NASHVILLE, Tenn. (TSU News Service) – Tennessee State University President Glenda Glover encouraged faith-based leaders and residents from across the city of Nashville at the 7th Annual Presidential Prayer Service to persevere in spite of storms.
“The storm will pass over,” said Dr. Glover, addressing the attendees gathered at Jefferson Street Missionary Baptist Church on Jan. 9. “We used to sing a song that says, ‘The storm is passing over. I can feel a peace down in my soul.'”
Glover served as the keynote speaker for the service, which featured a diverse group of spiritual leaders, some traveling from as far as Memphis to be a part of the program.
“As we start another semester, another year at TSU, we start it with prayer. We start it with thanks, and indeed, I am truly thankful to God for blessing me to lead such an amazing university,” she said.
Several dignitaries and public officials shared greetings including Nashville Mayor David Briley, who spoke about TSU’s significance to the city of Nashville.
“It is pretty clear, I think, that no other institution of higher learning has created more leaders in this community than Tennessee State University,” he said. “There are thousands of engineers, teachers, business leaders and scientists that have graduated from Tennessee State University just in my lifetime that have certainly changed this city.”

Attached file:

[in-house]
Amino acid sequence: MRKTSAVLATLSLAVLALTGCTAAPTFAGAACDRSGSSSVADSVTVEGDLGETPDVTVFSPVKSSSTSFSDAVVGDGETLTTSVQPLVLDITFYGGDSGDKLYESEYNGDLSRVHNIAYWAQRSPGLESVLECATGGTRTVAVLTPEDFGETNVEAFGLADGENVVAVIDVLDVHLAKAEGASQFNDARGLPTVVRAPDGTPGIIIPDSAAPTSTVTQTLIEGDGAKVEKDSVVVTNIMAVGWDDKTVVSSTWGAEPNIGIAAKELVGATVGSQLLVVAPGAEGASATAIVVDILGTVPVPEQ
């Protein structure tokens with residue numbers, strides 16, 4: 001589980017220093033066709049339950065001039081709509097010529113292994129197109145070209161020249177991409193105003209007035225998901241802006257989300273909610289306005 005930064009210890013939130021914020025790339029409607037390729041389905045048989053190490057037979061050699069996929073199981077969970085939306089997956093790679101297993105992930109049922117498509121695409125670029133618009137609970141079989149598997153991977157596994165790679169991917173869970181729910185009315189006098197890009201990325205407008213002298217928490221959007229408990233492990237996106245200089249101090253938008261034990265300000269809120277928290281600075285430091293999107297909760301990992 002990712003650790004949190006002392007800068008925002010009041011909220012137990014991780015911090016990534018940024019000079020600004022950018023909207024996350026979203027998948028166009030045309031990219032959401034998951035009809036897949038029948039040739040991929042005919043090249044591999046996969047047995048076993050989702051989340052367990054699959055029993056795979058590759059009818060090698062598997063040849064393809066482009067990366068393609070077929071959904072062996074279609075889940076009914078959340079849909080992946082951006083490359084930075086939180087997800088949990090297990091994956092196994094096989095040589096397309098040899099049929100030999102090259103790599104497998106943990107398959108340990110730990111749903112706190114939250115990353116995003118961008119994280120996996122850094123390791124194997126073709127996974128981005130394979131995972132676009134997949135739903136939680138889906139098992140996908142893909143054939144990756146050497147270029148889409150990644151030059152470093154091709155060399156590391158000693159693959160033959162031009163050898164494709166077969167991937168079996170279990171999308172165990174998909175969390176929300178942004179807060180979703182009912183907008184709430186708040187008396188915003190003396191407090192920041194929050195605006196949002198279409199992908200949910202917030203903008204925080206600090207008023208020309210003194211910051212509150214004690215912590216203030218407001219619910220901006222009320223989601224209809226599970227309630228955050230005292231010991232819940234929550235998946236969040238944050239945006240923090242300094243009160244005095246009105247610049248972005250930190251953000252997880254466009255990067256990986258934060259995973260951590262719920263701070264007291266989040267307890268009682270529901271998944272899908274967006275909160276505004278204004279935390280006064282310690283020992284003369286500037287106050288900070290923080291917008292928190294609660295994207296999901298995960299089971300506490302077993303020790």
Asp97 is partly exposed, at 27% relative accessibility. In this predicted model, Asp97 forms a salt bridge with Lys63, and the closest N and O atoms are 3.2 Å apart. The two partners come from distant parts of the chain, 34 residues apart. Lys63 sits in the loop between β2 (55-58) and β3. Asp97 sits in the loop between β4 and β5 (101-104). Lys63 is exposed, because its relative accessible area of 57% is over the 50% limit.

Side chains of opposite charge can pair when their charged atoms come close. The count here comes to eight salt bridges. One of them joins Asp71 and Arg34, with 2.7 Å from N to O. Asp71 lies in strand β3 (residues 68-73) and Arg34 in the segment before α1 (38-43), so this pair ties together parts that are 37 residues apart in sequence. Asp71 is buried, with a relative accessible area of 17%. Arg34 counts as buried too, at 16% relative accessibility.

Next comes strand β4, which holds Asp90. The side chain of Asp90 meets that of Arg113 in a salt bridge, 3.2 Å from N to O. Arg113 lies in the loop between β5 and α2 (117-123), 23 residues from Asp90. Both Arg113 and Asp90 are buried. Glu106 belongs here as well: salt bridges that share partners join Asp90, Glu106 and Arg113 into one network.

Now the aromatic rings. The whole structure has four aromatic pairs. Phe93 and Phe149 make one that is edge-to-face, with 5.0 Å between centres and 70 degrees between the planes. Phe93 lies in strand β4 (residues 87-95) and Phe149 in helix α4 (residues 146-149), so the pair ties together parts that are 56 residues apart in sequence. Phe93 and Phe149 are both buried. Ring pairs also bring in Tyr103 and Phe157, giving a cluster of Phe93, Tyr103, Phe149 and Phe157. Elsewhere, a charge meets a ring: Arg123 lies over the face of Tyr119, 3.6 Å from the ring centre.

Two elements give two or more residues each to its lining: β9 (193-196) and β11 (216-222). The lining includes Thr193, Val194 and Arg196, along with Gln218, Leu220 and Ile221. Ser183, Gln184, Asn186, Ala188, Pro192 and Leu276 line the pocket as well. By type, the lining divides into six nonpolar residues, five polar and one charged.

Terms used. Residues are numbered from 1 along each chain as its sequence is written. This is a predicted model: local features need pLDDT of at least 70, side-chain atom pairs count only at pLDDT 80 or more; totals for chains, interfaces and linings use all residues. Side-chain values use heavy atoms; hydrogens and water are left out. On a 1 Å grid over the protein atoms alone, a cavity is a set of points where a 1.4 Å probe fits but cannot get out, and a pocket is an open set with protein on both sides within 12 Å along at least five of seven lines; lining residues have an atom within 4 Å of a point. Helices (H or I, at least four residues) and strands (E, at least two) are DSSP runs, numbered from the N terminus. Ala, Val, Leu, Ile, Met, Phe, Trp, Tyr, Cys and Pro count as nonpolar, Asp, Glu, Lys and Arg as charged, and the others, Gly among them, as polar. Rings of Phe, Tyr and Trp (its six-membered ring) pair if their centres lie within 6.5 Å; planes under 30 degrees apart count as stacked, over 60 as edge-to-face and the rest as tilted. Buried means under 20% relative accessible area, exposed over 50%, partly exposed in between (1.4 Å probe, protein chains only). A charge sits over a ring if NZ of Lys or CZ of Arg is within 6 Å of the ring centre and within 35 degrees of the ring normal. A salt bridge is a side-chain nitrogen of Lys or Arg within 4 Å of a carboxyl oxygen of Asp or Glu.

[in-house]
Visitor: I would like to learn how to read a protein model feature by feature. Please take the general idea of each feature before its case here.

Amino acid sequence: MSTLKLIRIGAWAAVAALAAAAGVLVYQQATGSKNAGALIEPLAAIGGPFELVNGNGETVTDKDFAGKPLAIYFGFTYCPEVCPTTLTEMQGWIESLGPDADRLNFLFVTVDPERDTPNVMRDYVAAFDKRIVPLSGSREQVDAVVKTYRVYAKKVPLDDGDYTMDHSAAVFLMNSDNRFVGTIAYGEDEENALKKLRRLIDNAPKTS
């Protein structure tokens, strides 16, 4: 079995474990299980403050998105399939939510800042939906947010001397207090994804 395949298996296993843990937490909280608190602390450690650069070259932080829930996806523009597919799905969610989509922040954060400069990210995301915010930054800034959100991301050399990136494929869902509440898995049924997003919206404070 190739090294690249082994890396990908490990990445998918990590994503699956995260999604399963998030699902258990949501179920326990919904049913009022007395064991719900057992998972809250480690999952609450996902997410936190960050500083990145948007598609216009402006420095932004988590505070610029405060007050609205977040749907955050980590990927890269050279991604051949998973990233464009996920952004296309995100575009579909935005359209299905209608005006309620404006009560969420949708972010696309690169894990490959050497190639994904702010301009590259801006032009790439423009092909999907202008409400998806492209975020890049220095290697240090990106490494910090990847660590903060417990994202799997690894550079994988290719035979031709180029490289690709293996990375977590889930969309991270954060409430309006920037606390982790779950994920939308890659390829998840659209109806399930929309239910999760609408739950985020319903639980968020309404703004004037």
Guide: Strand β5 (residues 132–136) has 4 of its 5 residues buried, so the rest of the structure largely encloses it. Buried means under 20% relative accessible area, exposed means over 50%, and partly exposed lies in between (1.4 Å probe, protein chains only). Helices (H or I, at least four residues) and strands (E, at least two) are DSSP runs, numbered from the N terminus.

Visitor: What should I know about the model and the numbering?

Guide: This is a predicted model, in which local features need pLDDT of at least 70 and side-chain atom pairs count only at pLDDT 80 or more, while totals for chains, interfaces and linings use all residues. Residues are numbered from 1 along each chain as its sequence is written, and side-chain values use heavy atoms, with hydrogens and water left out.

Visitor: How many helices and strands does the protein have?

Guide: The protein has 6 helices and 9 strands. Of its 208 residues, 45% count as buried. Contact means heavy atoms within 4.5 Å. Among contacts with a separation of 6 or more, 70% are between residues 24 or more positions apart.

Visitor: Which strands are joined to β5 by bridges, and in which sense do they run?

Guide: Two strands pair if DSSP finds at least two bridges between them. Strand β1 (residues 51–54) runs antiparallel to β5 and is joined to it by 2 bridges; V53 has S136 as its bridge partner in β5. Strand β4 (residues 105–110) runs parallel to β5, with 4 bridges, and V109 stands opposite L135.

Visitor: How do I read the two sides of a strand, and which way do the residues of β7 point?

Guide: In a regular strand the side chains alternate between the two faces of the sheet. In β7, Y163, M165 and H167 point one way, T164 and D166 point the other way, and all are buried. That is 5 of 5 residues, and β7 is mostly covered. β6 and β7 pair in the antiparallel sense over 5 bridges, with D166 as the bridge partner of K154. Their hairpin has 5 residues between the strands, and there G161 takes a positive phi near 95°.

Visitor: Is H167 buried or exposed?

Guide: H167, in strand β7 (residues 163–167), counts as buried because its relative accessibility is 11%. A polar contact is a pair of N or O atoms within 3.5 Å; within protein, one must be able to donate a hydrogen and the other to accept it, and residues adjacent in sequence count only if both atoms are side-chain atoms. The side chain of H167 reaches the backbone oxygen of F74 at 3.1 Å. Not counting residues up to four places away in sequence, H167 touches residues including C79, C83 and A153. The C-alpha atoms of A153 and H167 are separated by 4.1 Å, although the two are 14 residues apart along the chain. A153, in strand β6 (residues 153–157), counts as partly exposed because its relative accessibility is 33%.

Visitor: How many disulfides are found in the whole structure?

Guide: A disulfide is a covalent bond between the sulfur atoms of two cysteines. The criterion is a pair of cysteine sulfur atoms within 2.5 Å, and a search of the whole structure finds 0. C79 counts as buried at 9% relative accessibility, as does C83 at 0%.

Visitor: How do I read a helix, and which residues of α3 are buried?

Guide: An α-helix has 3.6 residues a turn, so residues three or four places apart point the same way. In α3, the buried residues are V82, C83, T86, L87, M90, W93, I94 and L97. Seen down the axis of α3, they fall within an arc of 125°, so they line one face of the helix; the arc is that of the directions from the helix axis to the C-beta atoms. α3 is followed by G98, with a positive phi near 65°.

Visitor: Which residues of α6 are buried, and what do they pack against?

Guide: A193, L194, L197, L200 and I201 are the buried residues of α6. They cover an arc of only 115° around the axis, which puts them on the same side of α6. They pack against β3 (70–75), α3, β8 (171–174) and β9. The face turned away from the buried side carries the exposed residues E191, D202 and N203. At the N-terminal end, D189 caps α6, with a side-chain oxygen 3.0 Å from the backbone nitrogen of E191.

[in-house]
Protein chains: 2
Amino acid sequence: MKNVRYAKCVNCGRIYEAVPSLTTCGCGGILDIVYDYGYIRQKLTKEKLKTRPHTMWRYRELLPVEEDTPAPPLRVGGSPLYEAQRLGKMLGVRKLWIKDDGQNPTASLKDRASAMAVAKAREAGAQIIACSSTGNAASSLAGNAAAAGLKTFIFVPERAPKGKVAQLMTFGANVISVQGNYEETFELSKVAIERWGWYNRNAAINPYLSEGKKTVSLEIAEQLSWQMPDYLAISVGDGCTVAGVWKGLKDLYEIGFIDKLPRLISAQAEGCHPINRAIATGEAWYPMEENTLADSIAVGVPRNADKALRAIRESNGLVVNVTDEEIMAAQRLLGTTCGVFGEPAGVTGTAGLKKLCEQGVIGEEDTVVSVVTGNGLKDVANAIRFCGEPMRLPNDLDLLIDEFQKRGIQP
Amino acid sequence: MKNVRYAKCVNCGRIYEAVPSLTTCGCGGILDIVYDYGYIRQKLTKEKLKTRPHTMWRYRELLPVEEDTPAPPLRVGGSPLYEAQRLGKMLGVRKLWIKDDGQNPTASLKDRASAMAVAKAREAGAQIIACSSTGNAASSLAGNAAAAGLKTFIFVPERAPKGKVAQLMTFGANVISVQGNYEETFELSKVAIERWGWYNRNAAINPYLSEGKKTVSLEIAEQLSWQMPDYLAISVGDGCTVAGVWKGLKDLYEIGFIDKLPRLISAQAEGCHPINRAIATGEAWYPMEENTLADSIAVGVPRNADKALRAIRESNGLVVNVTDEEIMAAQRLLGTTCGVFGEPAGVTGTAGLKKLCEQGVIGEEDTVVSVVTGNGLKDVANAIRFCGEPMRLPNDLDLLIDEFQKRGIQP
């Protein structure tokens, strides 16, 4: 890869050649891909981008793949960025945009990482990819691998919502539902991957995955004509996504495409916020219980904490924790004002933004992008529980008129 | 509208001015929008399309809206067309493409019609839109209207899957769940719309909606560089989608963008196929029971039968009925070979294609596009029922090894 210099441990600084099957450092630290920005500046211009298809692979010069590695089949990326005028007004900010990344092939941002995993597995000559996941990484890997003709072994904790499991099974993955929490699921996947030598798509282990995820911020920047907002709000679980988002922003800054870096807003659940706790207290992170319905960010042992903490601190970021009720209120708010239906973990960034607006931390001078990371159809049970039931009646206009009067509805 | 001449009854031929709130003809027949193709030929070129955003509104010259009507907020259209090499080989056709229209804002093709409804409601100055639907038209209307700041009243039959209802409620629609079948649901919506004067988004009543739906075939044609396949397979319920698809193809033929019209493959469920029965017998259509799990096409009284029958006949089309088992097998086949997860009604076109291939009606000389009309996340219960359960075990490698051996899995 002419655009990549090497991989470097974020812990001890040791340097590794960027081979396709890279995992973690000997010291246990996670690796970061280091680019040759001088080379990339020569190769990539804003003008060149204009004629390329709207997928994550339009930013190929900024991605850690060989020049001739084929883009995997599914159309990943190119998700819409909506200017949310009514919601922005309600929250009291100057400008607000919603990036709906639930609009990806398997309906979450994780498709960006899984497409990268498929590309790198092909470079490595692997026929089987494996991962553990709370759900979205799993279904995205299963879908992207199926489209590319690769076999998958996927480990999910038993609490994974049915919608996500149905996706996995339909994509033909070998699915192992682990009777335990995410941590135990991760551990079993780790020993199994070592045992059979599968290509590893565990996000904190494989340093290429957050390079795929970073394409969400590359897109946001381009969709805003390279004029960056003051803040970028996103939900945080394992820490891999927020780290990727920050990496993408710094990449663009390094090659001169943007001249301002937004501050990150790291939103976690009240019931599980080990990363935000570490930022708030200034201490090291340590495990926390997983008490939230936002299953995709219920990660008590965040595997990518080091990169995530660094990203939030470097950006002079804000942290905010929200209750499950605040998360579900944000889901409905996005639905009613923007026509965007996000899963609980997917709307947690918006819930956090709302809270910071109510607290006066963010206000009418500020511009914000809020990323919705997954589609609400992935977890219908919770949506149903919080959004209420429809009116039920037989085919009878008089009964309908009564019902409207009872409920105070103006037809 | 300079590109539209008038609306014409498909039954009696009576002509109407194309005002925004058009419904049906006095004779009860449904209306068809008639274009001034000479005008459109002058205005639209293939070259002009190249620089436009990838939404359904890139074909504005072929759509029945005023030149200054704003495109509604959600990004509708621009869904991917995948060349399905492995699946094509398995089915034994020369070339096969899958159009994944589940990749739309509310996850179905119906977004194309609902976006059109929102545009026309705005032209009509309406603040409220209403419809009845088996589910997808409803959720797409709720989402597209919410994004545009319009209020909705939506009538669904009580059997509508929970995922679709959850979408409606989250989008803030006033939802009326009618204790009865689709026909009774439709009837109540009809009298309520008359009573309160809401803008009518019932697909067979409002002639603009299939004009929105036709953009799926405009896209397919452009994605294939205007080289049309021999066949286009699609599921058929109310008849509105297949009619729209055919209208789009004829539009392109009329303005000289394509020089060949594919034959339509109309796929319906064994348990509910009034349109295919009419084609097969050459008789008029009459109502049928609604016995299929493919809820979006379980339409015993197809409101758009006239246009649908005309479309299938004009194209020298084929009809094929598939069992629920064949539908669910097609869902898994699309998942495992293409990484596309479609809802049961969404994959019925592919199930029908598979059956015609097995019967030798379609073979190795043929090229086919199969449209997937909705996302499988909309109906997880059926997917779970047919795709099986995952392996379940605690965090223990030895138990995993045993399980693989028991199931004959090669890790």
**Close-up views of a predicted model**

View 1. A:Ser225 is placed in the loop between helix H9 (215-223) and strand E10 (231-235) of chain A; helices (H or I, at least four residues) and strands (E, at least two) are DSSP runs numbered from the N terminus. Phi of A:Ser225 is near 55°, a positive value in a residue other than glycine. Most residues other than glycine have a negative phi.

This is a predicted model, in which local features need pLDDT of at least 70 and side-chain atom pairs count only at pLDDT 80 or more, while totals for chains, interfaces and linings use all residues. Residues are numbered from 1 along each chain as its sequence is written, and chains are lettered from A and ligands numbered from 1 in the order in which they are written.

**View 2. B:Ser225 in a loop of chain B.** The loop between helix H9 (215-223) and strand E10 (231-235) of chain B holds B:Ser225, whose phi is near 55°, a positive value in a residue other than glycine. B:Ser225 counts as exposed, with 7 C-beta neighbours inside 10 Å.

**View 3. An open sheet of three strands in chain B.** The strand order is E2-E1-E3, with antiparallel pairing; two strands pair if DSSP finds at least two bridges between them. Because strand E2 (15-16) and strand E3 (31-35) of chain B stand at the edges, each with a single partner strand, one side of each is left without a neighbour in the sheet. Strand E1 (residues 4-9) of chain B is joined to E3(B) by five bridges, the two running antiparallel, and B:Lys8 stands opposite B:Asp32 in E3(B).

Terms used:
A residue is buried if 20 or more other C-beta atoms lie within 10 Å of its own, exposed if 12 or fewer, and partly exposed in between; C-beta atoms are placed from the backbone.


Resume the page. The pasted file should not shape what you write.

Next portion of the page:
Other attendees included Bishop Joseph Walker III, pastor of Mt. Zion Baptist Church; State Rep. Harold Love, Jr.; Minister Samuel X of Muhammad’s Mosque #60; Rabbi Philip Rice of Congregation Micah; and Father Dexter Brewer of Christ the King Catholic Church.
Following Glover’s address, several ministers offered prayer regarding several areas, including peace, the global community, the Nashville community, children and youth and the TSU community.
The prayers concluded with Dr. Forrest Harris, president of American Baptist College, praying fervently for Dr. Glover as various ministers gathered around her in a display of unity and support.
Rev. Aaron X. Marble, pastor of Jefferson Street Missionary Baptist Church, presided over the program.
The service was followed by a breakfast in the lower auditorium of the church that was open to the public.
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With more than 7,000 students, Tennessee State University is Nashville’s only public university, and is a comprehensive, urban, co-educational, land-grant university offering 38 bachelor’s degree programs, 24 master’s degree programs and seven doctoral degrees. TSU has earned a top 20 ranking for Historically Black Colleges and Universities according to U.S. News and World Report, and rated as one of the top universities in the country by Washington Monthly for social mobility, research and community service. Founded in 1912, Tennessee State University celebrated 100 years in Nashville during 2012. Visit the University online at tnstate.edu.